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I wrote a comparator for a custom class of mine and when I ran my code I realised the output of my list of these objects was in the reverse order as to what I wanted. It was "ascending" as opposed to "descending". This was because I stuck to the spec of compare where a return value of less than 0 means the other object is less than this and so on.

To fix this I called the reverse method on my list, but I could've also changed the compare method so that it returns greater than 0 where the other object is less than this.

What is seen as the standard for this case and why?

0

Start by ignoring any performance impact of reversing the list. Any sensible list-reversal will be linear in time, which means that for large lists, the sorting will dominate.

If there is a "natural" ordering of your elements (i.e. an ordering which is independent from your particular implementation), I would recommend sort + reverse. This will make the comparator easier to reuse, and it will be easier to understand the code which invokes the sort. Compare these two:

x = <array of integers>
x.sort(NaturalOrdering)
x.reverse

and

x = <array of integers>
x.sort(MyOrdering) // what ordering is this?

If there is no natural ordering (i.e. you are imposing an "artificial" ordering just to be able to sort elements), it probably makes more sense to have the comparator return the desired ordering directly.

If you are tempted to start optimizing at this point, please measure the code before and after you optimize. It is never obvious which implementation is the faster one.

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  • "Premature optimisation is the root of all evil". Although I would prefer to stick to the convention.
    – GKruger
    May 7 '13 at 17:26
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Your real problem is that you're using the wrong sorter. Your comparator is correct, and (depending on the language) it may wind up being used for other cases where the comparison should not be reversed. Instead of "fixing" (actually breaking) the comparator, you should find out how to get the sorter to sort in descending order. Any decent sorting library will have that option.

2
  • Good answer. Although as others have put it, it does matter whether I'm using imposing a natural or artificial ordering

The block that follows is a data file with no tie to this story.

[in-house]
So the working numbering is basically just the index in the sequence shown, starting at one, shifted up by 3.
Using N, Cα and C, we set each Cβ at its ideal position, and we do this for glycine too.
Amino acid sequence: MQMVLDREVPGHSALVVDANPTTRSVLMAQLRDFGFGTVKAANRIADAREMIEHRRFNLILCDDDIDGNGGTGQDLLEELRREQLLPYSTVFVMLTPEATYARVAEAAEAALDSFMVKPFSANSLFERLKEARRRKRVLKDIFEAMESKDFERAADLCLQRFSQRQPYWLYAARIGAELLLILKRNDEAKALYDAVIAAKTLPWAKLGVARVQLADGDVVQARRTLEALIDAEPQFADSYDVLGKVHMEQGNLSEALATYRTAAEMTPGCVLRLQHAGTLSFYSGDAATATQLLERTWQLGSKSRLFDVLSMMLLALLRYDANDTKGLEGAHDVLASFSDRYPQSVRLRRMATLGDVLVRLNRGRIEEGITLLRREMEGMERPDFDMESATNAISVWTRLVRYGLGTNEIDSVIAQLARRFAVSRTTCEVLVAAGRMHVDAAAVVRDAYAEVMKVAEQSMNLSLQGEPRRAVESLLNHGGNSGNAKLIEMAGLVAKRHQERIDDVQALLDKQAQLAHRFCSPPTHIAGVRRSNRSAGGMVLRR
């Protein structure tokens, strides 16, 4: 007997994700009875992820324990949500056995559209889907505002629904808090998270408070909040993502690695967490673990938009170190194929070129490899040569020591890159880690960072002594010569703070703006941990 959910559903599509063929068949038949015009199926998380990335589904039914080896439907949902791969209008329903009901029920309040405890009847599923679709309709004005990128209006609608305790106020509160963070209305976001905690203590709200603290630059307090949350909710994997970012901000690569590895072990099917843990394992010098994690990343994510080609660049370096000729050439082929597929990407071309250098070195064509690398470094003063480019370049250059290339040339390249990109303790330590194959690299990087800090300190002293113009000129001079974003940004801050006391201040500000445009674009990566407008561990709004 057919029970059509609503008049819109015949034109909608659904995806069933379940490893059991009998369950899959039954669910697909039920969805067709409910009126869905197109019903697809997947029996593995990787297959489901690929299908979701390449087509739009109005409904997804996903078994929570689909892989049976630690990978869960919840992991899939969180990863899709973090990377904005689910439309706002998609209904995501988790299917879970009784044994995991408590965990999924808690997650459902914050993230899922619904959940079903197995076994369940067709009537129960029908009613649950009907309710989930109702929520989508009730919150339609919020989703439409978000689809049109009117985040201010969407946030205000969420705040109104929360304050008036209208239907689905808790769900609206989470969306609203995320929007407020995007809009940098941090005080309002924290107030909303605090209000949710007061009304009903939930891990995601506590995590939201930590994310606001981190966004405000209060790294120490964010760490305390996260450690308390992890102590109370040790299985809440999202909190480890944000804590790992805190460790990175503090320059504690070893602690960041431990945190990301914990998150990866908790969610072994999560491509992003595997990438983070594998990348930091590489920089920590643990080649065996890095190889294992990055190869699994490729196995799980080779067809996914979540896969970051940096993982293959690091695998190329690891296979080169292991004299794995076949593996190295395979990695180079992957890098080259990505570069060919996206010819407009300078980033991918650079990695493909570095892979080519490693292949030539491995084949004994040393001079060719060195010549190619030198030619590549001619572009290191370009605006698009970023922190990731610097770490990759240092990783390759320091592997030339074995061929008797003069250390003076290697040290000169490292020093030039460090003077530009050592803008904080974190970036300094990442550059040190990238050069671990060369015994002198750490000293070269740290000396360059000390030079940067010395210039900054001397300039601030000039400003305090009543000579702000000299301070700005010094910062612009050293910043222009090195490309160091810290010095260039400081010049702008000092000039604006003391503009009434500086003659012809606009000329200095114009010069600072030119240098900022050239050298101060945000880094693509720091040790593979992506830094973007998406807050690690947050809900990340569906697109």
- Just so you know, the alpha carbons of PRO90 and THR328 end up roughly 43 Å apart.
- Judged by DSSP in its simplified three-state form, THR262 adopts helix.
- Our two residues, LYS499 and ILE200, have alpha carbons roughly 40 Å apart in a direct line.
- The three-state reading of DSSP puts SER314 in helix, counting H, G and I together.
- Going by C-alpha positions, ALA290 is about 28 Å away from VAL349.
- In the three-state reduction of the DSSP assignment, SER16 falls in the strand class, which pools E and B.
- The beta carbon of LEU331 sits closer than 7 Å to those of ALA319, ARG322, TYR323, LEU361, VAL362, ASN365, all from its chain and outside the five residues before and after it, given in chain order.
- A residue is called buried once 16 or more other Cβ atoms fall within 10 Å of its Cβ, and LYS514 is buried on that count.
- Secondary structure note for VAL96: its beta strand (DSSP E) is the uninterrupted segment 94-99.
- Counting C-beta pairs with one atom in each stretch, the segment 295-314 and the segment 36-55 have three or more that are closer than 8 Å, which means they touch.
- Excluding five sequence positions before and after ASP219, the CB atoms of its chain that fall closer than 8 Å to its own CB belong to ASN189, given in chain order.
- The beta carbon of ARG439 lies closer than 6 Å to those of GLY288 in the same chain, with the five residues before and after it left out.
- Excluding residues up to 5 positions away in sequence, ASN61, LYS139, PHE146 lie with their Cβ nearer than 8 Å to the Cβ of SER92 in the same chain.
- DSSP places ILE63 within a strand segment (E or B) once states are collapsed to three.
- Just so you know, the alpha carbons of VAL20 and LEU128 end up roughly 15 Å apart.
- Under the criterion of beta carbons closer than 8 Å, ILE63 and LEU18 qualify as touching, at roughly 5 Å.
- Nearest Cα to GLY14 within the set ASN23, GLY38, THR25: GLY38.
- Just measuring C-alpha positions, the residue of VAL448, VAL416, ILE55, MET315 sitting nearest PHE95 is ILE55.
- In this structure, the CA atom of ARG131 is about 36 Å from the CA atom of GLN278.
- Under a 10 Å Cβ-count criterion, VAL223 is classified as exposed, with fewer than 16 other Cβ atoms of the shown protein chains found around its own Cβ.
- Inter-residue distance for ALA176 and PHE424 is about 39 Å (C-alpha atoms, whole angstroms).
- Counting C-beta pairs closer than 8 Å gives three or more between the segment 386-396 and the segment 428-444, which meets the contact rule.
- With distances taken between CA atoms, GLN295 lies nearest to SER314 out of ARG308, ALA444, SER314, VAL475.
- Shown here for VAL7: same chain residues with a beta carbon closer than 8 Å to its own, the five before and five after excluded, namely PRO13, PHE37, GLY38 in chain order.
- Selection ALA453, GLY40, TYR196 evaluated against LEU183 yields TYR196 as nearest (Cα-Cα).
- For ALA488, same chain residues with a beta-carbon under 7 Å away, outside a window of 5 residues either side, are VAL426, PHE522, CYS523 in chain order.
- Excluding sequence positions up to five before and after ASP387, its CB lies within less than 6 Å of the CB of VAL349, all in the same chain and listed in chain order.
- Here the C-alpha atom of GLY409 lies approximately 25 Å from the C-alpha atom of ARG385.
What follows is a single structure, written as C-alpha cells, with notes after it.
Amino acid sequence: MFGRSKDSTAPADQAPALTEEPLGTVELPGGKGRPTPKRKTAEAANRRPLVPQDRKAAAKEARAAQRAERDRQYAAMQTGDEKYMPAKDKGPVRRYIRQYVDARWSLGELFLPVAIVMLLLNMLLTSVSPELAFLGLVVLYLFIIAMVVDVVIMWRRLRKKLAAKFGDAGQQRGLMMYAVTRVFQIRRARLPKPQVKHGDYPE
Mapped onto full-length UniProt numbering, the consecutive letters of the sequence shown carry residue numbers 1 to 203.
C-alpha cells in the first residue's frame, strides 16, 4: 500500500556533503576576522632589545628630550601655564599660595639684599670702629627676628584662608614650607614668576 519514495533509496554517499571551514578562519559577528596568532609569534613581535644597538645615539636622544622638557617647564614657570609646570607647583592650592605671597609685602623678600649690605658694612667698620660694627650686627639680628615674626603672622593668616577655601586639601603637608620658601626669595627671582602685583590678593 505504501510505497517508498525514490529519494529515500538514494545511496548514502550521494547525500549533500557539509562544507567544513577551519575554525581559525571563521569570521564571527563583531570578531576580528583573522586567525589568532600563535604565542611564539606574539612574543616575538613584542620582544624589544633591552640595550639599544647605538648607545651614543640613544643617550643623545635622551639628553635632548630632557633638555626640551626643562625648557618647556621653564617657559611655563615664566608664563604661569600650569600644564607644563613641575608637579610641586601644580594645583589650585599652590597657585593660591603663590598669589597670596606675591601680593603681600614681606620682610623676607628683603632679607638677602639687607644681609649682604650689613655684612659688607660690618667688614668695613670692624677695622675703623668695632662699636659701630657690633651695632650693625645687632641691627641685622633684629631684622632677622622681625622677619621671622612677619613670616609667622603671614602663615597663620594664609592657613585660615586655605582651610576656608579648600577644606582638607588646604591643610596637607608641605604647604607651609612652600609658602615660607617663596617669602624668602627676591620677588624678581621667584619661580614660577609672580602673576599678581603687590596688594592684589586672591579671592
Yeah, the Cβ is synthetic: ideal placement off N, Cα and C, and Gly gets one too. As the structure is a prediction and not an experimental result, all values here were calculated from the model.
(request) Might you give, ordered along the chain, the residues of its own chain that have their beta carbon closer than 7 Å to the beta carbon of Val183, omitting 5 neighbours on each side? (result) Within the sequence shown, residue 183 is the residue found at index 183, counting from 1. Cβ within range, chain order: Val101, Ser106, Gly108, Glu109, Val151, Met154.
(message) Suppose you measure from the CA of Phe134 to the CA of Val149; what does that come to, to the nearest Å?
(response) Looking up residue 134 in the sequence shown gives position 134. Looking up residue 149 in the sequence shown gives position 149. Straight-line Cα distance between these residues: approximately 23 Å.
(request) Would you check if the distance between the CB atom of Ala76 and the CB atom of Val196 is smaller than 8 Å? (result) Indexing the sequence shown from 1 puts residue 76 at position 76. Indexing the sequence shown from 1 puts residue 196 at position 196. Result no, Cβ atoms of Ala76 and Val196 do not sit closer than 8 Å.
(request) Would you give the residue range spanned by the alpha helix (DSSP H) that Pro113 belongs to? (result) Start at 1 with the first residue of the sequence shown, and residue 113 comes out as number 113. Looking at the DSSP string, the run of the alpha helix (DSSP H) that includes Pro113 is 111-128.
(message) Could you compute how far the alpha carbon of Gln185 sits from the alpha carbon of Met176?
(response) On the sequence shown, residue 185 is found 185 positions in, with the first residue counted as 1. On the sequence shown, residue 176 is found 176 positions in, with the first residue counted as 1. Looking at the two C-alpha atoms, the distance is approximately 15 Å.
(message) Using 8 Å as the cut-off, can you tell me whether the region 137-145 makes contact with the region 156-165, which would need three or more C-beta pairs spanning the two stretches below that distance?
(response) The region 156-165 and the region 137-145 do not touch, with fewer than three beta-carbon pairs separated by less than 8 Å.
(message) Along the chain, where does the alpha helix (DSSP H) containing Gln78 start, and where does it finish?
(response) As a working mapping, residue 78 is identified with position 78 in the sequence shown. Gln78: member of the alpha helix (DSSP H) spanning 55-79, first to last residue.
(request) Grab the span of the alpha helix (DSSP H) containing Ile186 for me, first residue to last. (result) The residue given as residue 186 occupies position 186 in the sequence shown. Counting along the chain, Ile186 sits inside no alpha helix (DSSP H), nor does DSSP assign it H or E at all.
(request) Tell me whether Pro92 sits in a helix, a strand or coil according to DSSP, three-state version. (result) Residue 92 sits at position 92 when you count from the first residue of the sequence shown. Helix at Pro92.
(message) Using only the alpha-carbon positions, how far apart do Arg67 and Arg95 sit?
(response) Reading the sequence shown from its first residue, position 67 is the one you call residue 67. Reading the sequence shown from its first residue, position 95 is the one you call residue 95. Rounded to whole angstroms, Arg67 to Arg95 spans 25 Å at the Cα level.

– GKruger
    May 7 '13 at 17:29
  • I disagree. It would be much better to have a comparator that takes as input another comparator but with its output swapped. May 7 '13 at 18:03
1

Use comparator with correct order for your application. Sorting and then reversing means that you are doing the sorting AND going through list again to reverse it.

When you are creating comparator, you are defining new ordering and YOU are difining what value is lesser and what higher. Eg. in reverse ordering of natural numbers, 10 is less than 9 even though in the usual ascending order 10 is greater than 9.

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  • 3
    I would reformulate the second paragraph. The comparator does not say which value is less, but it indicates which value comes first in the ordering. May 7 '13 at 7:51
  • @BartvanIngenSchenau Imo its the same in different words. Its like defining what + and * means in body. We call them addition and multiplication even if they numericaly do something else. And I used these words because "Compares its two arguments for order. Returns a negative integer, zero, or a positive integer as the first argument is less than, equal to, or greater than the second." is used in javadoc.
    – user470365
    May 7 '13 at 8:22
  • It is indeed the same in different words. I suggested them because it was words like in the javadoc that caused the confusion of the @OKruger in the first place. May 7 '13 at 8:59
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If you already have written a comparator, it's of course best to modify it so that the standard sort (into "ascending" order) does what you want.

The second best thing is to use whatever switches or tricks are available in your language's standard sorting methods. Such as this in Java:

Arrays.sort(array, Collections.reverseOrder());

The third option, reversing an already sorted list, isn't a categorically bad solution. In some cases it's the simplest possible solution, and easiest to comprehend. The efficiency overhead of reversing an array/list is negligible in majority of cases.

1

Comparer which makes it sorted in the right order is better. When you already use comparer (and you do in this case) it is better (faster/more by-the-book) to modify the comparer (or create another one).

Although, when sorting object which have "natural" comparison (for example: int) and "standard library" (for example: BCL for .NET) which can leverage this it might be faster to sort in natural order than reverse.

For example (C#), having:

int[] data = new int[1000000];
Random rand = new Random();
for (int i = data.Length - 1; i >= 0; i--) data[i] = rand.Next();

sorting than reversing:

Array.Sort(data);
Array.Reverse(data);

will be must faster than:

Array.Sort(data, (a, b) => b.CompareTo(a));

It is not your case though, I just mentioned it for completeness.

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